What individuals who’ve been in lasting relationships often discover is that the promises that make marriage last have less to do with devotion and more to do with equality, less to do with union and more to do with independence and respect. With that in mind, here are seven vows that, if kept in the forefront of a person’s thoughts and actions, will help to keep a relationship as romantic, exciting and enjoyable as the wedding itself.

1. “I promise to support what lights you up… even if it has nothing to do with me.”
Getting married often involves the misconception that we now hold some sort of magical power over our partner. Since when does having the right to love someone give us the right to change who they are? Couples can be compatible without mirroring one another exactly. If a husband wants to go to a meditation retreat or a wife wants to climb a mountain, the fact that we don’t share these interests is not a reason to hold our partners back from being who they are.
It’s important to accept that no one person can match our every interest or meet our every need. Good advice for anyone in a relationship is to not expect to get all your needs met by one person. If we focus our attention on our partners and place all of our demands on them, we will find our worlds becoming smaller and smaller. Relationships should be used to expand, not diminish our lives. Even when our partner’s unique interests feel threatening to us, we can be supportive of their independence and benefit from the reward of them being free to be who they are.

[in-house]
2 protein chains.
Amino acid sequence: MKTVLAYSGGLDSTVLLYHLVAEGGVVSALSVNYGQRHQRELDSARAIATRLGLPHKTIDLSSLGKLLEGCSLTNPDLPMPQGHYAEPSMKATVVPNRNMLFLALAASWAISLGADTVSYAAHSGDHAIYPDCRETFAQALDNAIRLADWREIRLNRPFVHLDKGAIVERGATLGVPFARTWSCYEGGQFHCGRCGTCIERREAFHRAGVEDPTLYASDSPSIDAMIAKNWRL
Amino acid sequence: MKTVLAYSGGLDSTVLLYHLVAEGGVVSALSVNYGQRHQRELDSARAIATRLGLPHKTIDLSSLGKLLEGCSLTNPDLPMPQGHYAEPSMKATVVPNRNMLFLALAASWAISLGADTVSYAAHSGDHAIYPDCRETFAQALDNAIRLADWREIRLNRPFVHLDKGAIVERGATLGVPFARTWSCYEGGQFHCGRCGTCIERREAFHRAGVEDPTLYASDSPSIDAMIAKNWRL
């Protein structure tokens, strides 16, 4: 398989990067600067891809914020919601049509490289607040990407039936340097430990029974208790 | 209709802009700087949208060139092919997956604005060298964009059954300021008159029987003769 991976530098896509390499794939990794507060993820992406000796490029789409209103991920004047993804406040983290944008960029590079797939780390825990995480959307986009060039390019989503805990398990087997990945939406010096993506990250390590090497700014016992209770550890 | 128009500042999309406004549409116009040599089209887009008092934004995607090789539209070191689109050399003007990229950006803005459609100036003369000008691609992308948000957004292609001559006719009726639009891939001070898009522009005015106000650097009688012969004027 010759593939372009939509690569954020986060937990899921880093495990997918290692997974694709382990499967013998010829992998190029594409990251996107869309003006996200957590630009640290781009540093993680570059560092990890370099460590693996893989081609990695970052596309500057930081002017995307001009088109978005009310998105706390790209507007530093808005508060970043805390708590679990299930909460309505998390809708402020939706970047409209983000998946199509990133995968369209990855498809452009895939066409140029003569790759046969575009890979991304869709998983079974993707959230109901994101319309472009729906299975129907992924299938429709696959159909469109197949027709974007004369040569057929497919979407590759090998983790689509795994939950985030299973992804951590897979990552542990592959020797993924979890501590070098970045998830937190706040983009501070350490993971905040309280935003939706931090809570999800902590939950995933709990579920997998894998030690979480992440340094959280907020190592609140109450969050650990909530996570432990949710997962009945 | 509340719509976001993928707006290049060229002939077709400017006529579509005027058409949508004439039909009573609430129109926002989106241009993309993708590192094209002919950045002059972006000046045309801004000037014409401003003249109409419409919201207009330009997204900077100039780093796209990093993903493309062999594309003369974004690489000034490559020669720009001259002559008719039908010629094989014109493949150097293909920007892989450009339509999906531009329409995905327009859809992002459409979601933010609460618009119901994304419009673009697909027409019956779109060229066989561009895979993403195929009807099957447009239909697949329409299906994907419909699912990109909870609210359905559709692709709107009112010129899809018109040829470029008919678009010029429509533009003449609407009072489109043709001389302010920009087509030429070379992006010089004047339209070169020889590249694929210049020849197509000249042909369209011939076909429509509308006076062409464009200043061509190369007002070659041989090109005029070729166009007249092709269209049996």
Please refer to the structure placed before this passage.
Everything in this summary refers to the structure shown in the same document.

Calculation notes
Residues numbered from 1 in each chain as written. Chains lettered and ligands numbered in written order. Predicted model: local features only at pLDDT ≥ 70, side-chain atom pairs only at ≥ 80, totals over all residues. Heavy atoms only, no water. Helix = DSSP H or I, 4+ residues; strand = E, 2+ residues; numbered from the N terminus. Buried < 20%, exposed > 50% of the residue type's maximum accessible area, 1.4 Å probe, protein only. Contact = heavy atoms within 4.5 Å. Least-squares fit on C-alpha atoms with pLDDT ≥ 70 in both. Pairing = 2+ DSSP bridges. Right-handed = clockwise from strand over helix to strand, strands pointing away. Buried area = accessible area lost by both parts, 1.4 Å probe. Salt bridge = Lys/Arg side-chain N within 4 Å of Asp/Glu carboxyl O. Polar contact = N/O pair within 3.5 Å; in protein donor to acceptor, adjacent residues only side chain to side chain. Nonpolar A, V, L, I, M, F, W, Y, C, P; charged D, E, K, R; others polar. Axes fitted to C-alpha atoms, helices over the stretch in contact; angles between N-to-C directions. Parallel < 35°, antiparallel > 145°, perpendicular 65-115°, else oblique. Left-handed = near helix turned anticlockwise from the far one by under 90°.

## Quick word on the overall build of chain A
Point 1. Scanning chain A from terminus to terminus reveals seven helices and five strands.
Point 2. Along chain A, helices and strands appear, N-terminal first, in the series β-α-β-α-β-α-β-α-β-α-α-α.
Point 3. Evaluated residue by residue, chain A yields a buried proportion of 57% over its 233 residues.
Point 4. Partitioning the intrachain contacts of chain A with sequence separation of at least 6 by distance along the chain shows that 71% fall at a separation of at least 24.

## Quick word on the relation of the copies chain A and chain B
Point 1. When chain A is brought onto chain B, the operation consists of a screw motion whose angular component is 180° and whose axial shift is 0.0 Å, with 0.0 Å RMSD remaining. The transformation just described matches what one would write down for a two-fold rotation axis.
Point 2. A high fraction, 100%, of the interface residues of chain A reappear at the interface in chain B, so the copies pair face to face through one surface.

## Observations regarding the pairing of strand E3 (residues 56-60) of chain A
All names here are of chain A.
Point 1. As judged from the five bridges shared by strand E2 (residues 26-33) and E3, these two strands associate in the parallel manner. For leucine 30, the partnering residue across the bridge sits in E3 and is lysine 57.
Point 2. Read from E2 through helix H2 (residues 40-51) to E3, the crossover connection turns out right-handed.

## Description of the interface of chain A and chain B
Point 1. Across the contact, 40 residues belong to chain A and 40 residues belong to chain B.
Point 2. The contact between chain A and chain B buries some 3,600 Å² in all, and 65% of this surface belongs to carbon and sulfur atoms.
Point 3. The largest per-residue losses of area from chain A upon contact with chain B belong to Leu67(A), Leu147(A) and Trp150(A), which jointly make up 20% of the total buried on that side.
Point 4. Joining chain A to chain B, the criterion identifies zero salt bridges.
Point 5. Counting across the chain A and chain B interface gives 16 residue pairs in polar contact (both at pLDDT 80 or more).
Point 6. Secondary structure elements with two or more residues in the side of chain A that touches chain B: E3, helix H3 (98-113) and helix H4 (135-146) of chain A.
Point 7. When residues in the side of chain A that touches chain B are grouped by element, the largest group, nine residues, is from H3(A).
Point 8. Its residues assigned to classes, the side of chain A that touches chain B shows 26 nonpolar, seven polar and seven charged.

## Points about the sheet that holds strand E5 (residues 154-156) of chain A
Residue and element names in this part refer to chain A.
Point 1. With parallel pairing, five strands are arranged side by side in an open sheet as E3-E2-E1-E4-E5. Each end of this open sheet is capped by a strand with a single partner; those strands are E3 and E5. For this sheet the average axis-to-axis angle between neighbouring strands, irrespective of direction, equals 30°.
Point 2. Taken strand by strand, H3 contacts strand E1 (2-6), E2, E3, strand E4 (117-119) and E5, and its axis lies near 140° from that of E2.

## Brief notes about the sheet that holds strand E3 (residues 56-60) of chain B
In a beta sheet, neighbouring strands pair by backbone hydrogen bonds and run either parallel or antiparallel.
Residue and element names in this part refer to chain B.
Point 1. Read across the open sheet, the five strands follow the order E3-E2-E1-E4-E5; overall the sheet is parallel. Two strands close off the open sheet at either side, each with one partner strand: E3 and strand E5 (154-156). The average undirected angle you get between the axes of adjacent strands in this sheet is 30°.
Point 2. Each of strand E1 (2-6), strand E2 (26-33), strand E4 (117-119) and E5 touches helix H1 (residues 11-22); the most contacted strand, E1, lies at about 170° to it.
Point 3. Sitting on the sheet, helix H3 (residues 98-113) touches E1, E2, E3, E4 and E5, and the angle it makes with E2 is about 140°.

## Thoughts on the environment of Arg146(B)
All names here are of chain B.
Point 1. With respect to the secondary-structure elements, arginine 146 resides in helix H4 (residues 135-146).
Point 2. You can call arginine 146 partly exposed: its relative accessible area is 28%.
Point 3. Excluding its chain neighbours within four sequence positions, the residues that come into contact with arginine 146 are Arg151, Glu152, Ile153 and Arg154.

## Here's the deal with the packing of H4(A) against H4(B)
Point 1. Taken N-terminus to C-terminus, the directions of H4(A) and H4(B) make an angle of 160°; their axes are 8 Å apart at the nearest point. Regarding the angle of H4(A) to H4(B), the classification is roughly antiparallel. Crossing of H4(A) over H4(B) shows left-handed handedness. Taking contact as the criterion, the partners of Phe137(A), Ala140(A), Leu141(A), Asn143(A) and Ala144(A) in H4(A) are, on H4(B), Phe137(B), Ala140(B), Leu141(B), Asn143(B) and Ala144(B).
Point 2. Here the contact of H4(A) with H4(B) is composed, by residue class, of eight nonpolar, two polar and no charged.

2. “I promise to be an equal in everything we share.”
Failing to maintain equality in a long-term relationship allows dynamics to play out that can weaken the positive feelings we have for each other. Over time, any inequalities that exist in the beginning of the relationship become more pronounced until finally, the couple is at odds with each other. When one person is adult and the other childish, they typically evolve into the roles of an angry, disapproving parent and a helpless, incompetent child. When one is more extroverted and the other withdrawn, they become a couple where one is silent and the other is the spokesperson for the duo.
It is important to take a hard look at ourselves and at any ways that we may be acting unequal in our relationship. We should try to recognize if we are being childish and inferior and if we are being parental and superior. When we stop ourselves from acting out these behaviors, we stop provoking a corresponding reaction in our partner. For example, we may not like when our partner tells us what to do, yet we may be asking for that reaction by complaining about problems we could easily solve ourselves.

3. “I promise not to see you as an extension of myself.”
The mutual respect and equality that most couples feel when they are just getting to know each other often seems to fade with familiarity. When we first fall in love with someone, we value them for their opinions, thoughts and beliefs. Yet as we begin to see ourselves as a part of a couple or when we start to regard our mate as our missing piece, we sacrifice the sense of individuality that enabled us to fall in love in the first place. Viewing our partners as part of us, allows us to lose a sense of boundary or respect for them and for ourselves.